Fonts and CSS
CSS is the most effective way to adjust the fonts on your web page. You can control the font family, size, color, weight, and many other aspects of the typography.
Font properties in CSS are one of the most common ways to make your page more distinctive and unique. It is easy to change the color, size, and even face (the font itself) of your text with CSS font properties.
There are three parts to a font:
This is the color the font will display as on the screen.
This is how large or small the typeface will render on the screen.
This is the font family, what is often referred to as the actual font.
Try the following styles in your web pages:
<span style="color: #ff0000;">this font is colored red</span>
<span style="color: #0000ff;">this font is colored blue</span>
When you set the font size on the web you can set it in relative sizes or be very specific using pixels, centimeters or inches. However, the more exact font sizes are meant to be used for print and not for web pages, where everyone who views your website might have a different resolution, monitor size, or default font setting. Thus, if you choose 15px as your standard size, you might be unpleasantly surprised to see how large or small your font renders to your customers.
I recommend you use ems for font size. Ems allow your page to remain accessible no matter who is viewing it, and ems are meant for screen rendering. Leave your pixels and points for print rendering. To change your font size, put the following style in your web page:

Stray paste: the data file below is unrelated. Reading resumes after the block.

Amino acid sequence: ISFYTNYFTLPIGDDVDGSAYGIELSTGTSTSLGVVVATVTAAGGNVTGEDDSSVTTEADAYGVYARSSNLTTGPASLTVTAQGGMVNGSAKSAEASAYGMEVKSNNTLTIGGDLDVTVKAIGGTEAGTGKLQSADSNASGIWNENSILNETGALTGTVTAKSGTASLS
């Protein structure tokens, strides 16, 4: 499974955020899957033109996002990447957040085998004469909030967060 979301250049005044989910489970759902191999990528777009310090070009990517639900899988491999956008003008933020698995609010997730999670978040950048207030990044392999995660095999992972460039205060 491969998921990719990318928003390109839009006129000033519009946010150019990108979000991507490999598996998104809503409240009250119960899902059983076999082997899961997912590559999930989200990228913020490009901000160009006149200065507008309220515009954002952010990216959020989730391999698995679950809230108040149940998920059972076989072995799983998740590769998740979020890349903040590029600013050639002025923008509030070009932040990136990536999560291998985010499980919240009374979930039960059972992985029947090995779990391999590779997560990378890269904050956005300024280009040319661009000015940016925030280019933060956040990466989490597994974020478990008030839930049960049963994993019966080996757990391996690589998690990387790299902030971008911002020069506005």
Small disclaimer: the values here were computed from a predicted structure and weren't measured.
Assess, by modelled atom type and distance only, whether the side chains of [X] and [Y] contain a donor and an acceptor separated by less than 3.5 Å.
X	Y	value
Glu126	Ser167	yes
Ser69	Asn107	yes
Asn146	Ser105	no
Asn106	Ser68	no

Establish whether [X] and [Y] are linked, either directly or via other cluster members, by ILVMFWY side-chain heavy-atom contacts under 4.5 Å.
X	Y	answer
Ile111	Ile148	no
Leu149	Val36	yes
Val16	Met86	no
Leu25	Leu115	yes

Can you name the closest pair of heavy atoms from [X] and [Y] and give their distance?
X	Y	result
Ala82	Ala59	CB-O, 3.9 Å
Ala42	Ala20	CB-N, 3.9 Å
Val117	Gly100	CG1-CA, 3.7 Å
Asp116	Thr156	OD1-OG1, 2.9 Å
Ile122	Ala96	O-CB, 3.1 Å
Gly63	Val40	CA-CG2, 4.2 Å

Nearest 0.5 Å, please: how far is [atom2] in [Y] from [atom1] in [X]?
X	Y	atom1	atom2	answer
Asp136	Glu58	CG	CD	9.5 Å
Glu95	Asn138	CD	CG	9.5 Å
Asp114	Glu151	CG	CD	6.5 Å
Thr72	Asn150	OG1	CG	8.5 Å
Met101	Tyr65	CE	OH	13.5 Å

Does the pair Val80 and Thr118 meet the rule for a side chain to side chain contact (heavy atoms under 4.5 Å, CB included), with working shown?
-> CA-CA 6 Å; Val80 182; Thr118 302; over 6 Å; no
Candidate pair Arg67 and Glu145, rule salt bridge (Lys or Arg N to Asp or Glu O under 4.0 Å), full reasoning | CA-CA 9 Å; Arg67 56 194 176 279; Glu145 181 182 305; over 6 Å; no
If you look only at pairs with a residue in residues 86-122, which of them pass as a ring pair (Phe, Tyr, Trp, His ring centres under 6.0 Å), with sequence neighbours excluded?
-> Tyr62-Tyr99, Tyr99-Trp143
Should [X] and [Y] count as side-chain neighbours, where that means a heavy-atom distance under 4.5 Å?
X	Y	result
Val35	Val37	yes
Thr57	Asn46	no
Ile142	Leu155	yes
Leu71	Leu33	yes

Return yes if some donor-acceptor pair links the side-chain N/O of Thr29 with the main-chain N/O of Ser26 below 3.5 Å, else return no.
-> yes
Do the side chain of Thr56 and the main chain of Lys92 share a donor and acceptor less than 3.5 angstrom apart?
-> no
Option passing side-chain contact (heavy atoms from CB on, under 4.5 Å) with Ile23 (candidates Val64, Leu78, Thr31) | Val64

<span style="font-size: 1em;">this font is 1em</span>
<span style="font-size: .75em;">this font is .75em</span>
<span style="font-size: 1.25em;">this font is 1.25em</span>
The face of your font is what many people think of when they think “font.” You can declare any font face that you would like, but remember, if your reader doesn't have that font installed their browser will try to find a match for it, and their page will not look as you intended.
To address this problem you can specify a list of face names, separated by commas, for the browser to use in order of preference. These are called font stacks. Keep in mind that a standard font on a PC (such as Arial) might not be standard on a Macintosh. So you should always view your pages with a minimally installed machine (and preferably on both platforms) to make sure that your page looks as designed even with minimal fonts.
One of my favorite font stacks is
<span style="font-family: arial, geneva, helvetica, helv, sans-serif;">
This set is a sans-serif font collection and while geneva and arial do not look terribly similar, they are both fairly standard on Macintosh and Windows computers. I include helvetica and helv for customers on other operating systems such as Unix or Linux that might not have a robust font library.
<span style="font-family: geneva, arial, helvetica, sans-serif;">this font is sans-serif</span>
<span style="font-family: times, 'Times New Roman', serif;">this font is serif</span>
More Font Resources
Read the Most Recent Articles from Web Design at About.com.